“Be prepared at all times for rejection, even after you break in. One night I was backstage at Jack Silberman’s International Nightclub in New York City. I nervously handed a page of jokes I had written to a famous veteran comedian. He read my jokes without laughing or even cracking a smile, removed a silver monogrammed cigarette lighter from his coat pocket, and set my page of jokes on fire. He then very nonchalantly tossed the burning page into a small metal trash can and walked away. Unable to speak, I simply stood there staring at the can as the bright red flames turned my jokes into ashes. It was my first flaming rejection. I went home that night to my apartment feeling like quitting the business.”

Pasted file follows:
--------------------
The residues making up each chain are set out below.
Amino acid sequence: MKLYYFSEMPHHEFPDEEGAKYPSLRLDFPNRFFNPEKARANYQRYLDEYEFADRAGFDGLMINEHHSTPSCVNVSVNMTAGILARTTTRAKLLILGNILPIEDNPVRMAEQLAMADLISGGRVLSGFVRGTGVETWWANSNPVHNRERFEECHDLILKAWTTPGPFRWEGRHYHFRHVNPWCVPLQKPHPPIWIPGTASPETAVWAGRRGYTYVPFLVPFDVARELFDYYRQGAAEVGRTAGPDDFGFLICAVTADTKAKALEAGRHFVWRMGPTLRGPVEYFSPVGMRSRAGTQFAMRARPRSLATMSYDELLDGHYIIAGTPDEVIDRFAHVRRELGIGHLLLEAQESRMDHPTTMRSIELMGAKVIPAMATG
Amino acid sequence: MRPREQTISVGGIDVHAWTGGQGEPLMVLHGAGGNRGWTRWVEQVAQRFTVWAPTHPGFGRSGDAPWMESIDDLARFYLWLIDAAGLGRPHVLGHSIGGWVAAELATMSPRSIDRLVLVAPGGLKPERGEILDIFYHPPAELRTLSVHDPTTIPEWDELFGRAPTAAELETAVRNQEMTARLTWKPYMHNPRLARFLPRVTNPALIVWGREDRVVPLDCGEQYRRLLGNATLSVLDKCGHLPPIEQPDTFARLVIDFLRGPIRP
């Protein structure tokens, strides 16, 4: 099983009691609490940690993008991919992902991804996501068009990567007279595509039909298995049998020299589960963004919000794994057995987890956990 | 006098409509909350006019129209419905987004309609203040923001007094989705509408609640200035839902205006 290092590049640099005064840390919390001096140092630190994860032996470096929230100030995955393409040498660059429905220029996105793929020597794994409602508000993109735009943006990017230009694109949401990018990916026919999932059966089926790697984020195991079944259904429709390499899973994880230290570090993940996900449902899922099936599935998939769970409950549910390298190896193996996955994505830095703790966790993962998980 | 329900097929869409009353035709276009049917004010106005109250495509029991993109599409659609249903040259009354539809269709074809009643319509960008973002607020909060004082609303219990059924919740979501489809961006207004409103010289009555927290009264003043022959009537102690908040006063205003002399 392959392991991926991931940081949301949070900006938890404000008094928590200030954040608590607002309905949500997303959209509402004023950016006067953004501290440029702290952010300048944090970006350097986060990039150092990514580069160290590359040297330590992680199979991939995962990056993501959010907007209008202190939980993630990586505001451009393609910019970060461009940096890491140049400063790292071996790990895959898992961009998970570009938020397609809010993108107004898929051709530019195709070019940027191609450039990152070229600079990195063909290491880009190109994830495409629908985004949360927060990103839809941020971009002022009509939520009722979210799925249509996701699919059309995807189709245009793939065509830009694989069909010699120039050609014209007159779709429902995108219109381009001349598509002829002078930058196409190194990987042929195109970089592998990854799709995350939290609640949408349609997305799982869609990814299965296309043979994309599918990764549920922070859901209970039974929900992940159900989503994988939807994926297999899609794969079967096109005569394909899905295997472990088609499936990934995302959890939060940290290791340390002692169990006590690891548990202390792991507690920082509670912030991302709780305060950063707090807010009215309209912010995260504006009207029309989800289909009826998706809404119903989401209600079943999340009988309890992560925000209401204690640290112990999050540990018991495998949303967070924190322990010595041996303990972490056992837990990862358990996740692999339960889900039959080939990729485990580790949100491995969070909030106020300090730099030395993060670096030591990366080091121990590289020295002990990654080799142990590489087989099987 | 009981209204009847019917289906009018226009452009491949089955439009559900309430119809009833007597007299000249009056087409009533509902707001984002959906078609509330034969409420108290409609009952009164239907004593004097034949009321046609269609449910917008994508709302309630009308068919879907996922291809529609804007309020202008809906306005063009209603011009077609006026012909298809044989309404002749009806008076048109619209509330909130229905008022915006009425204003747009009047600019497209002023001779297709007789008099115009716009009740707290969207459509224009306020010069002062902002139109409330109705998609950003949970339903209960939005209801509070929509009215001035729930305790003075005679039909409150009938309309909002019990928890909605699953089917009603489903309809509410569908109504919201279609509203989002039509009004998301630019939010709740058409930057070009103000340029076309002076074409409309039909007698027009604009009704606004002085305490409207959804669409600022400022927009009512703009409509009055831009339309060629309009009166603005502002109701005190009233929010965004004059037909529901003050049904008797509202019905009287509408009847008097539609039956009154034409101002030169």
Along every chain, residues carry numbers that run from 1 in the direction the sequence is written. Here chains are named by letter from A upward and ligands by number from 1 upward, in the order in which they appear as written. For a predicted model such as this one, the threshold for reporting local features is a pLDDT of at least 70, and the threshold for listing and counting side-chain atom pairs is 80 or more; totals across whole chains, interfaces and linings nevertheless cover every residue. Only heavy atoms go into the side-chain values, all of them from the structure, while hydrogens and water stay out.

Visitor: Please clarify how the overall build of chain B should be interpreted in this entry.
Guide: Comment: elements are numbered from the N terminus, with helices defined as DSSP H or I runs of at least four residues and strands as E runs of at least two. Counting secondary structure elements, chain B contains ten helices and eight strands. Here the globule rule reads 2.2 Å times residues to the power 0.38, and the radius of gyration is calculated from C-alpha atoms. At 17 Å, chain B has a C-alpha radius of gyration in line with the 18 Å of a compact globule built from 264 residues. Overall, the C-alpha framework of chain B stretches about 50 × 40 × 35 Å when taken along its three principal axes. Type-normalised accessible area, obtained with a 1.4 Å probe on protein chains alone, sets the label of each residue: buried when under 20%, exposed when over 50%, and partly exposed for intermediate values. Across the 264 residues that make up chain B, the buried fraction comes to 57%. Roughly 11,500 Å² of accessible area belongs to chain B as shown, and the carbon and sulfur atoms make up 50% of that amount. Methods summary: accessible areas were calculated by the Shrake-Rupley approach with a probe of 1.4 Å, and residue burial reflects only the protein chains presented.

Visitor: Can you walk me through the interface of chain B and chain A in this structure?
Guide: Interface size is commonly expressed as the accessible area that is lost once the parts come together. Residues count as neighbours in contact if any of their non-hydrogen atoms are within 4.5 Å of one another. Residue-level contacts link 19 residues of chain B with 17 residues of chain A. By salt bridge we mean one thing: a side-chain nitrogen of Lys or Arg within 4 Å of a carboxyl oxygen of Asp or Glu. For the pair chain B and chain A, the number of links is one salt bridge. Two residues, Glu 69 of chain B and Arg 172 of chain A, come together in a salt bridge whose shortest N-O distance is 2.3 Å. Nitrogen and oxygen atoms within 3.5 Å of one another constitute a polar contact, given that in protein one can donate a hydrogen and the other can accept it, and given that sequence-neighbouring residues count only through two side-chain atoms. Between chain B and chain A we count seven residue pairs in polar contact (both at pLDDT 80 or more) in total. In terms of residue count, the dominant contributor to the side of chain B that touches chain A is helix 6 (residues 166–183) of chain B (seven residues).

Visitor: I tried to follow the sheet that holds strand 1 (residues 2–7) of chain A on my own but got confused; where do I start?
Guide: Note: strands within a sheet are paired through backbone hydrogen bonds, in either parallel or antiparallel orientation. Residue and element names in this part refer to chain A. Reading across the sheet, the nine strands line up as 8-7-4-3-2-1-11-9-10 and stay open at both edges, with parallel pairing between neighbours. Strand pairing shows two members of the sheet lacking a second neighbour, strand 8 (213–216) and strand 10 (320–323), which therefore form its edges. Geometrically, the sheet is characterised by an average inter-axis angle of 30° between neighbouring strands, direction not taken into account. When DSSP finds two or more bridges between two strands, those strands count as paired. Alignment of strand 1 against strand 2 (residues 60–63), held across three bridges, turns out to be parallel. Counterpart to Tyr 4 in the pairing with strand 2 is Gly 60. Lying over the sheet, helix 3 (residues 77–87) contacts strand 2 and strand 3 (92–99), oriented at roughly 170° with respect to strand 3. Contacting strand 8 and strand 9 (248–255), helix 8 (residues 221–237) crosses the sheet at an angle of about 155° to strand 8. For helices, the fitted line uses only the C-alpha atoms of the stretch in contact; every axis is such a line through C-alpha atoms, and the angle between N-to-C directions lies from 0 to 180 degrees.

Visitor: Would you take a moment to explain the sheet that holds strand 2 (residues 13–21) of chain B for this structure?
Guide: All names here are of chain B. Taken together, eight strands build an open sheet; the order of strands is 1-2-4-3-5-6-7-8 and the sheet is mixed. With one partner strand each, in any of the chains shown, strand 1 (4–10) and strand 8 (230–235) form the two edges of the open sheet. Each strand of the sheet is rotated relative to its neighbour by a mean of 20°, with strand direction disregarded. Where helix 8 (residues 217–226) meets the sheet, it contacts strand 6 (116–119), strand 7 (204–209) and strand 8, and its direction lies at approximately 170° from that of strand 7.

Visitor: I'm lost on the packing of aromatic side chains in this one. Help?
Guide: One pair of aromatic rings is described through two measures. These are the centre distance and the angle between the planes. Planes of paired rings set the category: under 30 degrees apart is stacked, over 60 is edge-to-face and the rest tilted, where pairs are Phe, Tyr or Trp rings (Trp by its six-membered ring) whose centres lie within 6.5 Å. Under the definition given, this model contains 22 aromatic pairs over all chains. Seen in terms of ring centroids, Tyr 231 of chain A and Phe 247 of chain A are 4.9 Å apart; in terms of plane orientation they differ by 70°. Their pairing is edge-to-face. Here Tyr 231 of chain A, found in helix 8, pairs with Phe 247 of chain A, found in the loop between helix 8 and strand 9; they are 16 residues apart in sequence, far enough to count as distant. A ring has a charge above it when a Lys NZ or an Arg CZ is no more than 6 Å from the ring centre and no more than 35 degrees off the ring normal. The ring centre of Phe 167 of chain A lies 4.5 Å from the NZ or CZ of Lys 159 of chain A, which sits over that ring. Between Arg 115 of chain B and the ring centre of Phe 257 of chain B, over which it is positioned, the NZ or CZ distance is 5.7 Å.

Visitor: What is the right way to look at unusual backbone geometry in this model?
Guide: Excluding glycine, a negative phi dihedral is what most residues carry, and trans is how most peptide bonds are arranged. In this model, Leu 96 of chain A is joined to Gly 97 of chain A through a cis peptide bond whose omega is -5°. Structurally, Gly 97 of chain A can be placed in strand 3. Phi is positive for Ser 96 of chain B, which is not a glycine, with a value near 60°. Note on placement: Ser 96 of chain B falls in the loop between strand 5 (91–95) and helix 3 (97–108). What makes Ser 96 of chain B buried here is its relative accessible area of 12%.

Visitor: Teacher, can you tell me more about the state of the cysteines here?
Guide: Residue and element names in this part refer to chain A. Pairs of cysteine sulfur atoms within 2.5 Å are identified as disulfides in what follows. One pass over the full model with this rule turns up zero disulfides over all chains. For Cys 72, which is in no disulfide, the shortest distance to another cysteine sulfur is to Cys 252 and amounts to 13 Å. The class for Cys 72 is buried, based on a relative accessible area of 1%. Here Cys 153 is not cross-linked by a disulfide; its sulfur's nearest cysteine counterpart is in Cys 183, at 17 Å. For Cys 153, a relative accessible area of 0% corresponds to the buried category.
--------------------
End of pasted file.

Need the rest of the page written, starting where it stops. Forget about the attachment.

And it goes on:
Wake Me When It’s Funny (written with Lori Marshall)
Of course, Garry Marshall didn’t quit the business, though he did eventually leave New York and head to Hollywood. There he would write and produce some of the most watched TV in the decade of the 70s, including The Odd Couple, Laverne & Shirley, Mork & Mindy, and Happy Days. In the 80s he starred directing feature films including Pretty Women, Runaway Bride, and mostly recently New Year’s Eve.
Hang in there folks.
P.S. I found Marshall’s book at a used bookstore last week when I was in Texas for shoot and will be pulling a lot of quotes from it—good stuff from somebody with six decades of entertainment experience.